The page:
Lotus of the Good Law is also very significant to followers of Buddhism as it expresses salvation to Buddhism being universally attainable and lastly, the Tibetan Book of the Dead is also very substantial to adherents of Buddhism as it as it is means by which a Buddhist can determine their rebirth or Nirvana. The Tripitaka is a very significant text for adherents of Buddhism as it can as a guide to the teachings of the Buddha. Firstly, the Tripitaka is a sacred text split into three “baskets”; the Sutra Pitaka, Vinaya Pitaka and the Abhidharma Pitaka. The first basket, the Sutra Pitaka sets the rules and expectations of the Sangha. In this way, the Tripitaka is very significant to adherents of Buddhism as it provides a clear set of expectations of the adherent of the religion as well as providing a guide to the teachings of Buddha.
In Buddhism, by following a methodical life one can find an understanding of existence and achieve Nirvana (enlightenment). The word Hindu has geographical implication and was used originally for those people who lived beyond the river Sindhu or the region watered by the river Indus. Hinduism is a shared term pragmatic to the several metaphysical and religious customs intrinsic to India.
In order to understand any religion one needs to understand their history and how they flourished. Similarly, to get a better understanding of Buddhism and Jainism one needs to understand their origins and theology. The main aim of both the religion was to find a substitute way of achieving salvation in life instead of the ritual bound Brahmanism way of Hinduism. First, Jainism is amongst the many oldest practicing religions found today and like its counterparts it has a deep history attached to
The Buddha and Mahavira, the founders, both taught different sets of beliefs, and offered followers assistance on how to end the negative feelings that cause humans to suffer. Both Jainism and Theravada Buddhism hold many similarities and differences; yet, they have a very important place in history and are extremely important to humanity for their beliefs and teachings. Jainism originated in India during the sixth century BCE. The faith is named after the jinas, spiritual conquerors who have achieved liberation. Jainism looks to a series of founding figures, Tirthankaras, the twenty-four spiritual leaders called ford-makers or river crossers.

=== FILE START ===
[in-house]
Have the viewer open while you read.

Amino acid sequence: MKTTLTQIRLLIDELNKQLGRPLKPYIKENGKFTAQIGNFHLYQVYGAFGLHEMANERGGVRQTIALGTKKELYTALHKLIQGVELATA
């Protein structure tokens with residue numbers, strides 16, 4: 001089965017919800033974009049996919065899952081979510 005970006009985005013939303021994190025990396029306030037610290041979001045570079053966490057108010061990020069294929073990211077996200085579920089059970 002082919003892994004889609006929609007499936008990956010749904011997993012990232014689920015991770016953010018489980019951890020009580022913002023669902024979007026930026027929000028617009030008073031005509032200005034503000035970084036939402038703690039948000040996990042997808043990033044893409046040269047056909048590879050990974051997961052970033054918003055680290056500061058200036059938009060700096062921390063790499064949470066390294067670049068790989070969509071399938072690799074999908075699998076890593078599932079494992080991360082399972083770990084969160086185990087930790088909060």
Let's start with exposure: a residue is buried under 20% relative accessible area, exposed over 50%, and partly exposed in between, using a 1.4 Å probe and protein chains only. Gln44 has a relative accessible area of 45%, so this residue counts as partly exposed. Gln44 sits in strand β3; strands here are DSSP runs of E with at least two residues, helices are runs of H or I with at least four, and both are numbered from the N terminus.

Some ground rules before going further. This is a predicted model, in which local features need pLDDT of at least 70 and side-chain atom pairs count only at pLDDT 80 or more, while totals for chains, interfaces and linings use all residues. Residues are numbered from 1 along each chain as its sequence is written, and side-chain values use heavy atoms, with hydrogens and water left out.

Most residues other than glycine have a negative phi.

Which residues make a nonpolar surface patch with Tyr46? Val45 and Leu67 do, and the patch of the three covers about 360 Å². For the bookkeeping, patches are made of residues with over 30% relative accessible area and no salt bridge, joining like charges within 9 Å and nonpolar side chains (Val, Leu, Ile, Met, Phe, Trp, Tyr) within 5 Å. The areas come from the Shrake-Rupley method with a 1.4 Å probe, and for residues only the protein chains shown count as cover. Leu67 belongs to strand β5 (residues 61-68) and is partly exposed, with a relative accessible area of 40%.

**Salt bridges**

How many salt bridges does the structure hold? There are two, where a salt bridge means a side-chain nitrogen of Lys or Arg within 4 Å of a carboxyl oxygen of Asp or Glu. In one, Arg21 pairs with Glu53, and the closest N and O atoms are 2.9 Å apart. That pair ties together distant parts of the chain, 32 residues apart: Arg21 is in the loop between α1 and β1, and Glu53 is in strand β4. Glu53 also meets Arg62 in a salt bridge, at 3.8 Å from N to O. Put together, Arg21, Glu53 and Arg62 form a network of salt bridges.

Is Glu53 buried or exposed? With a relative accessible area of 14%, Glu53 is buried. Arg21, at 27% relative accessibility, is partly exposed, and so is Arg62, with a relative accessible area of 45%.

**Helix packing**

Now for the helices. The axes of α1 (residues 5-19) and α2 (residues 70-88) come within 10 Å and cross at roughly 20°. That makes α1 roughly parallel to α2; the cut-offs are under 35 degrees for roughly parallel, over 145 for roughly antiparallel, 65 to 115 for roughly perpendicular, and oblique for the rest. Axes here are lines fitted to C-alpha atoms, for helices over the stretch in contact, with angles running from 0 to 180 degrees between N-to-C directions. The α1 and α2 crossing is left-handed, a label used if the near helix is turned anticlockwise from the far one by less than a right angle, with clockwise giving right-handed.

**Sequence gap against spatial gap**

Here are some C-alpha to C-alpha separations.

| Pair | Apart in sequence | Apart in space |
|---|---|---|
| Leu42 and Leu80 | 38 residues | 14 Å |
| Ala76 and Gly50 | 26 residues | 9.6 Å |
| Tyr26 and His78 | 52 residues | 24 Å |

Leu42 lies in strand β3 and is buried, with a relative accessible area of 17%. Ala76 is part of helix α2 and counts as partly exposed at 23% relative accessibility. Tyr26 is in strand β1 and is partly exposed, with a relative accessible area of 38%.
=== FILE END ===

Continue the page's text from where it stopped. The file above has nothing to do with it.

Buddhists believe the more you give without seeking something in return, the ‘wealthier’ you become. Giving is said to purify and transform the mid of the giver. A monk or Bhikku is also another cultural link to Buddhist tradition. A bhikku’s lifestyle is simple + meditative, the ultimate goal to attain Nirvana. Like all other religious traditions Buddhism has an important place for pilgrimage based sites where Gautama Buddha lived and taught.
Taoism is an ancient Chinese religion that spread all over the world. It is an organized belief system that is complementary and not competitive to other religions like Buddhism and Confucianism. While Confucianism focuses on the social and moral side of life, Taoism focuses on the spiritual, individual self. The principles on which Taoism thrives even today include chi, feng shui, and interdependency between life and death. Taoism is probably best known for the yin and yang symbol, which was part of the belief.
History of Tai Chi Some trace the origins of tai chi to Chinese philosopher Lao Tzu, also called Laozi or Lao Tse. Loa Tzu may or may not have been just one person, may or may not have lived in the the 6th or 4th century BC and may or may not have written the Tao Te Ching, or Daodehing. These writings are the basis of the philosophical approach and foundations of Tai Chi. Skip forward to somewhere between 1279 and1459 AD. Chang San-feng, another historically disputed figure, may have been a Shaolin monk and is credited with developing Tai Chi's movements.
Khon Khonchok Gyalpo studied under Drokmi the Translator and became a master of many deep teachings. The fourth basic path of Tibetan Buddhism is the Gelug (Way of Virtue) tradition which combines the teachings and practices of the original three. This final tradition was founded by Gyalwa Tsongkhapa (1357-1419), who is a descendent of the Dalai Lama (meaning "chief" or "high priest"). This final
Sutta Pitaka Main article: Sutta Pitaka Atthakavagga The Atthakavagga, one of the oldest books of the Sutta Pitaka, contained in the Sutta Nipata, does not give a clear-cut goal such as Nirvana, but describes the ideal person.  This ideal person is especially characterized by suddhi (purity) and santi (calmness).  Commentaries on the Atthakavagga, namely the Mahaniddesa and the commentary by Buddhaghosa, show the development of Buddhist ideas over time. Both commentaries place the Atthakavagga in their frame of reference, giving an elaborated system of thought far more complicated than the Atthakavagga itself.  The Noble Eightfold Path Main article: Noble Eightfold Path The Noble Eightfold Path is widely known as the description of the Buddhist path.